Perfect, dainty madeleines are just the thing when you know you're craving something sweet but can't decide between a cookie or a slice of cake. They are a classic, refined butter sponge cake—perfect for tea time (don't forget to dunk), or as an accompaniment to ice cream or fruit when served at dessert. They've long been popular in the fancy set of restaurants that serve petit fours post-dessert, and they've received a well-deserved revival at pastry chef Dominique Ansel's namesake bakery in New York City where they bake them to order, so the cakes may be enjoyed fresh from the oven.
The delicate, buttery crumb of a madeleine demands careful mixing and resting before the cakes can be baked. To make the batter, the eggs are beaten with sugar for several minutes until they become very smooth and light in color. Next, flour and melted butter are carefully folded into the egg mixture, with a touch of baking powder for leavening. It is crucial that the batter be chilled for a length of time to allow the flour to hydrate without being over-mixed. There are many variations on the standard recipe for madeleine, and they may be flavored with the addition of zests, spices, vanilla beans, extracts, cocoa powder, or ground nuts.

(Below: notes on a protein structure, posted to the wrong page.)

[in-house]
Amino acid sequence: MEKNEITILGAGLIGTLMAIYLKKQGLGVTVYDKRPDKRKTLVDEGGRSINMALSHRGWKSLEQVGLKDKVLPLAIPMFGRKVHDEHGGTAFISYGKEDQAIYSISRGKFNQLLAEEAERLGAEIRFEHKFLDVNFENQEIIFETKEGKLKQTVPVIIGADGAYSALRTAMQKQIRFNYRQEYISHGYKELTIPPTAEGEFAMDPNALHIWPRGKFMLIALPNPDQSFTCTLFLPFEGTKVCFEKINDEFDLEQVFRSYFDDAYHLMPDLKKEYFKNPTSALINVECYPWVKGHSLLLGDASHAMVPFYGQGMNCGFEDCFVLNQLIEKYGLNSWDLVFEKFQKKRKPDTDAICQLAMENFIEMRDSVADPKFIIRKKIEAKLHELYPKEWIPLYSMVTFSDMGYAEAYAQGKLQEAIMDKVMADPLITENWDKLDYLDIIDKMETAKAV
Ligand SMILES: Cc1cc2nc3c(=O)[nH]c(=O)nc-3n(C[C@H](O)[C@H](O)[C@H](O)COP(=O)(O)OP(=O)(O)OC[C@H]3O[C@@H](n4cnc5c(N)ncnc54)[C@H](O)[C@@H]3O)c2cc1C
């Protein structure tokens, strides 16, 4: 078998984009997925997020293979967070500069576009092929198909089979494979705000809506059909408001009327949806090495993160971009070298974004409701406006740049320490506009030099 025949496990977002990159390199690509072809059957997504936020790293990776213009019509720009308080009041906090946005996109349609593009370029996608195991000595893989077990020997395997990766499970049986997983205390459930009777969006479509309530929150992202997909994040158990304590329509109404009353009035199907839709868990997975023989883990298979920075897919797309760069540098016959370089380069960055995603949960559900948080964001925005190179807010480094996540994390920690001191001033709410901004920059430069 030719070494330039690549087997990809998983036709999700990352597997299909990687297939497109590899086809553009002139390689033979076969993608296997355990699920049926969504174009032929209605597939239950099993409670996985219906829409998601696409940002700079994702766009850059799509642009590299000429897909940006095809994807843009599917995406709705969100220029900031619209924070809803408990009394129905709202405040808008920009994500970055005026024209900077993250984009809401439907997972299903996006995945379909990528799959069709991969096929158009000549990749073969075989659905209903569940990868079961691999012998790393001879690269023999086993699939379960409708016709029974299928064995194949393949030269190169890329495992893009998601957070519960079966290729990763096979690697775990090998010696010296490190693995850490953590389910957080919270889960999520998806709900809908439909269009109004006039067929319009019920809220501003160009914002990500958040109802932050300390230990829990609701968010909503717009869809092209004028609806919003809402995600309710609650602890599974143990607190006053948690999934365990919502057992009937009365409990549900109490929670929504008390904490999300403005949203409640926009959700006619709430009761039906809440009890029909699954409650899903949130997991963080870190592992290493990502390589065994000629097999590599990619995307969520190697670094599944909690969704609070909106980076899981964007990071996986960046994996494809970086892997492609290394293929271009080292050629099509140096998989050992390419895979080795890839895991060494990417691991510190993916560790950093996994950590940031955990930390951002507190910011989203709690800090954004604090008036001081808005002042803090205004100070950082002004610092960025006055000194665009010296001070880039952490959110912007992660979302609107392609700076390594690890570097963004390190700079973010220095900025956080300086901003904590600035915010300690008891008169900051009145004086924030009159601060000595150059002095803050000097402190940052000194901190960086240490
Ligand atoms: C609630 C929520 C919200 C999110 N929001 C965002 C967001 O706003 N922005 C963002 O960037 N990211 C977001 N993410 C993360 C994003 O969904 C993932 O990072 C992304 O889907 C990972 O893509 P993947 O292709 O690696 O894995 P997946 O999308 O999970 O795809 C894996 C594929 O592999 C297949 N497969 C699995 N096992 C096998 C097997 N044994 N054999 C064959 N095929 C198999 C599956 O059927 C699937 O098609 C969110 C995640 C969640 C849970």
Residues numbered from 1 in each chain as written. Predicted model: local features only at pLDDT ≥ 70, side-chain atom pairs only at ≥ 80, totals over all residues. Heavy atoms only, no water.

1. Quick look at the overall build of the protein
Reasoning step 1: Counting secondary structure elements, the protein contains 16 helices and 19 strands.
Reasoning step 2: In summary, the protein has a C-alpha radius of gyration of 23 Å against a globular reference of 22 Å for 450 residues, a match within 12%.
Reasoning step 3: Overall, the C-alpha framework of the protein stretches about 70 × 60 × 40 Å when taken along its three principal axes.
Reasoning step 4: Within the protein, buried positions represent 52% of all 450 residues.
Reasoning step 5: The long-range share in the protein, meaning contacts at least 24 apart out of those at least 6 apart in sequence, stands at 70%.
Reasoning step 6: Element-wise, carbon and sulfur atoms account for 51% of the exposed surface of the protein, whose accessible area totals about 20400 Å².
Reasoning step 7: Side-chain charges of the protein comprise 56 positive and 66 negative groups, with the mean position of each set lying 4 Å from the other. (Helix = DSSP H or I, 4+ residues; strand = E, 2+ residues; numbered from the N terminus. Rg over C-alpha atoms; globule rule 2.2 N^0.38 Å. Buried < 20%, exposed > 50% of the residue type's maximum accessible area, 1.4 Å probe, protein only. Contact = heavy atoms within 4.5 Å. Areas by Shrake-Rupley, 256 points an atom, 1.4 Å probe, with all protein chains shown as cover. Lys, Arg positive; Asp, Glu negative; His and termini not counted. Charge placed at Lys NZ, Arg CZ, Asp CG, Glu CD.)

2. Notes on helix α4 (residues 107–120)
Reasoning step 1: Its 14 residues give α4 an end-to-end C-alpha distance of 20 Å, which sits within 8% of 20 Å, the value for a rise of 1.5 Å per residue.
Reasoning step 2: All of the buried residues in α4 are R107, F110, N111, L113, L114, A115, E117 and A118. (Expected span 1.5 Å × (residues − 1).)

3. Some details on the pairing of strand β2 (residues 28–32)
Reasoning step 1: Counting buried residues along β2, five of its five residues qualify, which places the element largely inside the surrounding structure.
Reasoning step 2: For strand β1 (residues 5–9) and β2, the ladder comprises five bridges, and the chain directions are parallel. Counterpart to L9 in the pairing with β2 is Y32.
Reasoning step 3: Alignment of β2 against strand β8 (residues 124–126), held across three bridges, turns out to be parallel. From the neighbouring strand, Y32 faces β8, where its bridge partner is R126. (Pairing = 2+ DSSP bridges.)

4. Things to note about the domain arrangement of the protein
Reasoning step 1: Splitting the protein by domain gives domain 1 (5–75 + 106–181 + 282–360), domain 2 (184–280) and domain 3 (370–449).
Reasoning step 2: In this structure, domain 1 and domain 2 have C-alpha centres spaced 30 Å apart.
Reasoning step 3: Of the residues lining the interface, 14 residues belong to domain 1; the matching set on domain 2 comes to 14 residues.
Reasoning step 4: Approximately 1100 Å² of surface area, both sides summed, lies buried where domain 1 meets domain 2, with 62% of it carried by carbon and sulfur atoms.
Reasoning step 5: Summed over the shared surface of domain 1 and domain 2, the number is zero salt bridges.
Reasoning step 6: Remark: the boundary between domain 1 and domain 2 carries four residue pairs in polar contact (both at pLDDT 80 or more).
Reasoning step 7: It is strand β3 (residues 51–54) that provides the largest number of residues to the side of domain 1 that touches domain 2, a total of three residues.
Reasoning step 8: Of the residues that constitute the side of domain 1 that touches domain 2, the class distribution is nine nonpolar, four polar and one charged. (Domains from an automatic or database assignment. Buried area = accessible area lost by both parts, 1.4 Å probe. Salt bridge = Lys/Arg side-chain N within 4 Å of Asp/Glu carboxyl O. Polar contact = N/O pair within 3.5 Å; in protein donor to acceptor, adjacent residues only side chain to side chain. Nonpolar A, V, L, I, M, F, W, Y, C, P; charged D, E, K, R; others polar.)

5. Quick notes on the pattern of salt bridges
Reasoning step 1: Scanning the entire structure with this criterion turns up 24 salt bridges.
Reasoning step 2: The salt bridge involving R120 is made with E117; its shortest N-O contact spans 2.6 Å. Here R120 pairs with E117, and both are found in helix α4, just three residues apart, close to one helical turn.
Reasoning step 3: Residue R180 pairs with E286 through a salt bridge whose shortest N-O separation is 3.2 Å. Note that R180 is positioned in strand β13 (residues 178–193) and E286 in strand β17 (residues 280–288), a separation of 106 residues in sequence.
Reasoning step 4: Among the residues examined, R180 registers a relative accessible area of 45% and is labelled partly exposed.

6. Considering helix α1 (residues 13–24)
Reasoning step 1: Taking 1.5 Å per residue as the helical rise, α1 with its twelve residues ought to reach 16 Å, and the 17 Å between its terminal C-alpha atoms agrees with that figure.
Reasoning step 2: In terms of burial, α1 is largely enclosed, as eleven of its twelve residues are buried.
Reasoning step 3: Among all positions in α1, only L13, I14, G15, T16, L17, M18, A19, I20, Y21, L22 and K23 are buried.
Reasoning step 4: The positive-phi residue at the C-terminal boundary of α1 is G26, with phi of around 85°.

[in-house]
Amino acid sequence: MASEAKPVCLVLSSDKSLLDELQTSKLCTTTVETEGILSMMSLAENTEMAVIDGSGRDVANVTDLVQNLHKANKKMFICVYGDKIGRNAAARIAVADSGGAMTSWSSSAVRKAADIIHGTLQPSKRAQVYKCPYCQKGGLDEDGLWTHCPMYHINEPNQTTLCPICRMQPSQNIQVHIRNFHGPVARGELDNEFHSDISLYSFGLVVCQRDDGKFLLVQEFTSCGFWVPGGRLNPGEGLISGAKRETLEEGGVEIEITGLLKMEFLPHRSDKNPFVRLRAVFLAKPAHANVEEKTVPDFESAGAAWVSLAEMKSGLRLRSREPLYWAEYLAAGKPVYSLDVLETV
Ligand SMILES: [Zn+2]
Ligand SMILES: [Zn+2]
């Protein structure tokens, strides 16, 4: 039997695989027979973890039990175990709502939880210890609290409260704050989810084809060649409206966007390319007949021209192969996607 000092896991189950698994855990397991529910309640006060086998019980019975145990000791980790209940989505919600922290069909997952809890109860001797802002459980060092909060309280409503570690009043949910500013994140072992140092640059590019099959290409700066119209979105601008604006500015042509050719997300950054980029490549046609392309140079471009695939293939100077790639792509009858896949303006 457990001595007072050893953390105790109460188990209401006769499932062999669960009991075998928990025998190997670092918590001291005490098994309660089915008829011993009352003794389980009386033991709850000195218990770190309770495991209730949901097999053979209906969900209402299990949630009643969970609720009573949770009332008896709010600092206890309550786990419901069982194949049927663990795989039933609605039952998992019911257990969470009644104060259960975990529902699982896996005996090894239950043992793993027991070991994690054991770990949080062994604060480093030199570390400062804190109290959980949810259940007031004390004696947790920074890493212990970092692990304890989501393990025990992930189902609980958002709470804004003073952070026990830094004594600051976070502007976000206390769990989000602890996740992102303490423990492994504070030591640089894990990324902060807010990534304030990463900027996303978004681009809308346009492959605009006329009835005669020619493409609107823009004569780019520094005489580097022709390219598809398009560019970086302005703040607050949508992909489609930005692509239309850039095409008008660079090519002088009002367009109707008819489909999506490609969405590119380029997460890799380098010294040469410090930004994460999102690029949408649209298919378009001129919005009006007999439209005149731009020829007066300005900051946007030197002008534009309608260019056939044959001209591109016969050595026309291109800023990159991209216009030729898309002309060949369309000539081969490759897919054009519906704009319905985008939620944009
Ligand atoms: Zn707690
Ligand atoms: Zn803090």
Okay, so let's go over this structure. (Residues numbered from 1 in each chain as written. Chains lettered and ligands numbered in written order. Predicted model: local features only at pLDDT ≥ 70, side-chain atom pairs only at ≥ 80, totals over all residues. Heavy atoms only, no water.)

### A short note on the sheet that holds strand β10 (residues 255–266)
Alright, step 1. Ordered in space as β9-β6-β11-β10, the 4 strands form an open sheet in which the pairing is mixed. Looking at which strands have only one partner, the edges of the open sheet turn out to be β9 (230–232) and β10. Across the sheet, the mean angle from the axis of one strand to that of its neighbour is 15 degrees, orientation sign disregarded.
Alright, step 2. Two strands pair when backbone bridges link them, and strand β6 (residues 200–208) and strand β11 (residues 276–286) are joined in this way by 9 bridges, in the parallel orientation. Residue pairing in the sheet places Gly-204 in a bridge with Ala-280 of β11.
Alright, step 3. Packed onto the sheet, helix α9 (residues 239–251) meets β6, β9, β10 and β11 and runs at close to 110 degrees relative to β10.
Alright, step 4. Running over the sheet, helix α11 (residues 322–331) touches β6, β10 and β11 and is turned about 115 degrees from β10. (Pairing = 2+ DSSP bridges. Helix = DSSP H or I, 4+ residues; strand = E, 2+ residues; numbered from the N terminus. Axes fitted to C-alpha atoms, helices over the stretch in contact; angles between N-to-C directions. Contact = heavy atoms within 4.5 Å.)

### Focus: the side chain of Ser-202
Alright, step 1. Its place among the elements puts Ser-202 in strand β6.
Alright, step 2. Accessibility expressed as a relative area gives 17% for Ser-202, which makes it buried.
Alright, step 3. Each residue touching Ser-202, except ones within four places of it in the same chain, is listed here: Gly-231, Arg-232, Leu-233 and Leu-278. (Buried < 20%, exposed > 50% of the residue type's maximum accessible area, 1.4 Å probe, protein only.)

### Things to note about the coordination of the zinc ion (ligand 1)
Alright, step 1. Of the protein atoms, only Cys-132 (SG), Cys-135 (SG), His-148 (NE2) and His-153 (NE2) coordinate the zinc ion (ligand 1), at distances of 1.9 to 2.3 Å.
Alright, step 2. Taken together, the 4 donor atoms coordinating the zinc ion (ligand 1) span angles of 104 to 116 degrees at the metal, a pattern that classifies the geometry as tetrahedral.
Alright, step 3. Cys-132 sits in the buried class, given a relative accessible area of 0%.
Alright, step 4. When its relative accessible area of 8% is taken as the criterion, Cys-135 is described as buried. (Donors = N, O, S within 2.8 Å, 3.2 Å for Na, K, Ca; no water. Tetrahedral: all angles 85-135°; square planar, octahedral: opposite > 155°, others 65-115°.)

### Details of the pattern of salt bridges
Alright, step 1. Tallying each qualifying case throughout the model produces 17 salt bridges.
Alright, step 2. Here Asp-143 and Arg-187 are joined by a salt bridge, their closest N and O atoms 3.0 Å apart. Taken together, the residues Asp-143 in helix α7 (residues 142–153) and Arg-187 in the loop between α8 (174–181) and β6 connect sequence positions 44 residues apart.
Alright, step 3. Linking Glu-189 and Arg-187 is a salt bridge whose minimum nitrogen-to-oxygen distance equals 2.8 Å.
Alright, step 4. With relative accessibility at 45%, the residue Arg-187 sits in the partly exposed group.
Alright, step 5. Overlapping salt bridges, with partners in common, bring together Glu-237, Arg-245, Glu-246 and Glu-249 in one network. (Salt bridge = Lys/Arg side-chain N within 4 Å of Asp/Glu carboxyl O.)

When making madeleines:
- Fold the flour and butter in carefully, to avoid developing gluten.
- Grease the madeleine molds well with butter, then dust the buttered molds with either flour or sugar so that the cakes will easily release after baking.
- Be sure to give the batter time to rest and chill in the fridge.
- Mounding on the back of the cakes is normal and completely expected—don't panic if your madeleines have little humps on their backs
Click through the slideshow for a step-by-step tutorial and best practices for making madeleines. Then try making some yourself using this recipe for Vanilla Bean Madeleines (which can easily be adapted for other flavors), based on an original by Dorie Greenspan.
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